Today I stumbled across an unused working folder in a dark and dusty corner of one of our development servers. The directory had a couple of dozen un-checked in changes. Some were from barely a month ago while others dated back years. Not wanting to discard any important modifirations I cobbled together a bash command to show me when each file was last modified (the file’s mtime).
for CHANGED in $(svn status | sed "s/^.......//" | awk "/.\./"); do echo $CHANGED; ls -l "$CHANGED"; done | cat > changes.txt
sed naively removes the first nine characters from the file status from the
svn status output, which should just leave the file name.
awk removes all files and paths without an extension – this was necessary because I later fed the output through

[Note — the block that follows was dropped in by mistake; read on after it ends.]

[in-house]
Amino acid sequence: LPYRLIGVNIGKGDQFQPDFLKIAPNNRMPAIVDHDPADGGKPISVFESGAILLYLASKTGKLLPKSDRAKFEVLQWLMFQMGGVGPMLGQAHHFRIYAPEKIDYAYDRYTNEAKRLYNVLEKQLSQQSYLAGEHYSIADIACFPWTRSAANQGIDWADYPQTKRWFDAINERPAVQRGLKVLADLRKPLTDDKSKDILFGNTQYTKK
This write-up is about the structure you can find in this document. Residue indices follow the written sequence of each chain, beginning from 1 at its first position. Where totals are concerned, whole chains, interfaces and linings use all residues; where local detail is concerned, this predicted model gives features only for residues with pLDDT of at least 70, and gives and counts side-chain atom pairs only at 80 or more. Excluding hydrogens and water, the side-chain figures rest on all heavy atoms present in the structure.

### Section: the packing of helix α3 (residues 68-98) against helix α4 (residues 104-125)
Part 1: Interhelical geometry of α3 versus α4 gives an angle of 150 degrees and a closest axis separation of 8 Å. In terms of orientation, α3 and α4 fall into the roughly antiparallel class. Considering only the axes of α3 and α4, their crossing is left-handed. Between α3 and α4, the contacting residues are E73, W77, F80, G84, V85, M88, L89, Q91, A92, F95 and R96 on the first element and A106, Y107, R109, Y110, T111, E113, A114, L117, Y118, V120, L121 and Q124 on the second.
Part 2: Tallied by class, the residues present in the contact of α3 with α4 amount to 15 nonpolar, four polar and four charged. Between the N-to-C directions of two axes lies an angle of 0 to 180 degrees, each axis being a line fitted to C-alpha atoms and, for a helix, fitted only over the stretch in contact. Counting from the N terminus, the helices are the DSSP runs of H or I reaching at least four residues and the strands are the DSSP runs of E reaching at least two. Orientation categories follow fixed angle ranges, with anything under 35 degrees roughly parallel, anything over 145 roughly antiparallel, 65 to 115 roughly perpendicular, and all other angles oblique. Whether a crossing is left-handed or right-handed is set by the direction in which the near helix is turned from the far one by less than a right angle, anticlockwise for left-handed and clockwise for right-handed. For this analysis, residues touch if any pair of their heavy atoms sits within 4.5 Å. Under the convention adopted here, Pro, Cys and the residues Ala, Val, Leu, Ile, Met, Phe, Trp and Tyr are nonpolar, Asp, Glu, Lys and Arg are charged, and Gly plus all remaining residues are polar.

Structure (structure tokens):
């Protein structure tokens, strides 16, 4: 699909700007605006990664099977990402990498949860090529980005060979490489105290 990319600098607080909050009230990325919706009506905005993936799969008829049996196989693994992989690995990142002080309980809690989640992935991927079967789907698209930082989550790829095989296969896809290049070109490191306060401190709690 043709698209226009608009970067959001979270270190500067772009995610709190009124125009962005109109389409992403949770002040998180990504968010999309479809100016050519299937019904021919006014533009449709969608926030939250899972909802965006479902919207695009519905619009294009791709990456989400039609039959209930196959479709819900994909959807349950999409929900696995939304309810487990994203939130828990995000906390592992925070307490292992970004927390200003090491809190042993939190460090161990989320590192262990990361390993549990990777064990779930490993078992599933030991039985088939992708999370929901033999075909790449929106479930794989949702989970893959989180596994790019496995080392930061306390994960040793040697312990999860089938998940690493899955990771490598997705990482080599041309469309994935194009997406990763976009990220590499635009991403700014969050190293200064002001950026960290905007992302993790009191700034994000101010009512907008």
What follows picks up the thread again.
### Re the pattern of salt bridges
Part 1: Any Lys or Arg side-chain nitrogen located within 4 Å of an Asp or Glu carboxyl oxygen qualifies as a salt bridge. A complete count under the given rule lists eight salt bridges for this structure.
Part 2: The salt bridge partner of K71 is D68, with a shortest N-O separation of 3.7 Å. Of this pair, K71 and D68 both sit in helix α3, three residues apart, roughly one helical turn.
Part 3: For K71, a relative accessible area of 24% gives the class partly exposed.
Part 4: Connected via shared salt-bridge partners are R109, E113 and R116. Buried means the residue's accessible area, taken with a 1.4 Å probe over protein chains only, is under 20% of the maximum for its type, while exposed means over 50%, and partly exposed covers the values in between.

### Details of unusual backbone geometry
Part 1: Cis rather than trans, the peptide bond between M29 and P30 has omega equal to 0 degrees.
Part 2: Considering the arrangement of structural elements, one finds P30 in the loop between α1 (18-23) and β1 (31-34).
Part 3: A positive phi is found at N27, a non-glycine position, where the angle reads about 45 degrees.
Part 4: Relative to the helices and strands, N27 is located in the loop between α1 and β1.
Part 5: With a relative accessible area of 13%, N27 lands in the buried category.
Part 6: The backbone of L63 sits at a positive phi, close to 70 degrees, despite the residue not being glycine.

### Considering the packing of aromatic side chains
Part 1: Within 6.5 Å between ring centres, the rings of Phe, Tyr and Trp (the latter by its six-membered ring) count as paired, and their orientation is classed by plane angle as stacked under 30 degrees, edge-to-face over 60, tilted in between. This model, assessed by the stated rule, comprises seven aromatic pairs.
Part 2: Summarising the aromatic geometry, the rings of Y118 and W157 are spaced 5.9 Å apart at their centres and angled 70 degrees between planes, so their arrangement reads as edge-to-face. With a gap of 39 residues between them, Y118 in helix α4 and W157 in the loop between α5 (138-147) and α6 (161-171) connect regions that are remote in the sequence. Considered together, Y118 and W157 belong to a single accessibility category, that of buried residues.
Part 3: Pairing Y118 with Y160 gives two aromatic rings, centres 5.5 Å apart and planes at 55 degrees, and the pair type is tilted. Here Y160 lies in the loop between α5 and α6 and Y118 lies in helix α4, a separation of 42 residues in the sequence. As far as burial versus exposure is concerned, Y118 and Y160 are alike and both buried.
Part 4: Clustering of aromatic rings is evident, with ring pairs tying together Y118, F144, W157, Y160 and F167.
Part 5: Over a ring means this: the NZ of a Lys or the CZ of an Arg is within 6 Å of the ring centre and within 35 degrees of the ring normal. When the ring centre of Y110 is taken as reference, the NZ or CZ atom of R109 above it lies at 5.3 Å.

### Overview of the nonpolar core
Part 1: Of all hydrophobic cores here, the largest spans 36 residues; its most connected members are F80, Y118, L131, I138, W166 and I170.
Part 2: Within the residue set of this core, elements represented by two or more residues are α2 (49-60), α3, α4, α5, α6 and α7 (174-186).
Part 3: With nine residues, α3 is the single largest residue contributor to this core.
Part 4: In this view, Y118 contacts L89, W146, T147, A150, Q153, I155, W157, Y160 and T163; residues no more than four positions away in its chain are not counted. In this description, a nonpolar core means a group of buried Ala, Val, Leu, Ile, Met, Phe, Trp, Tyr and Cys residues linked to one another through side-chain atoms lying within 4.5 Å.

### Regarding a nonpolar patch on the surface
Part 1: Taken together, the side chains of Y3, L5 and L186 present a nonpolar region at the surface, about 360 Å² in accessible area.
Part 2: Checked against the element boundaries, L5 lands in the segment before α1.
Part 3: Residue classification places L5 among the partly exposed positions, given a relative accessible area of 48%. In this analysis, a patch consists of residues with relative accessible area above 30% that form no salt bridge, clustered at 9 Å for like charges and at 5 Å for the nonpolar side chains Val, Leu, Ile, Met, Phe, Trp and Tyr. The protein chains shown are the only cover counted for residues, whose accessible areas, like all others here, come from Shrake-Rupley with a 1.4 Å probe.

ls, and I didn’t want any folder listings.
cat allows me to direct the output to a file. If you aren’t piping to a file then you can omit that part.
ls -l shows the mtime of the file. To show the atime I could have used
ls -lu, though the results of this were a little inconsistant for me (some times were after the mtime, which seemed counter-intuative). I used
ls because I couldn’t seem to find a replacement for
stat that was available on a vanilla Solaris install.
If you’re on a Linux box the following should work just as well (without trying to filter by extension):
for CHANGED in $(svn status | sed "s/^.......//"); do stat "$CHANGED"; done | cat > changes.txt
Of course, I’m still new to bash coding so if you have a script that simplifies this I’d love to hear about it.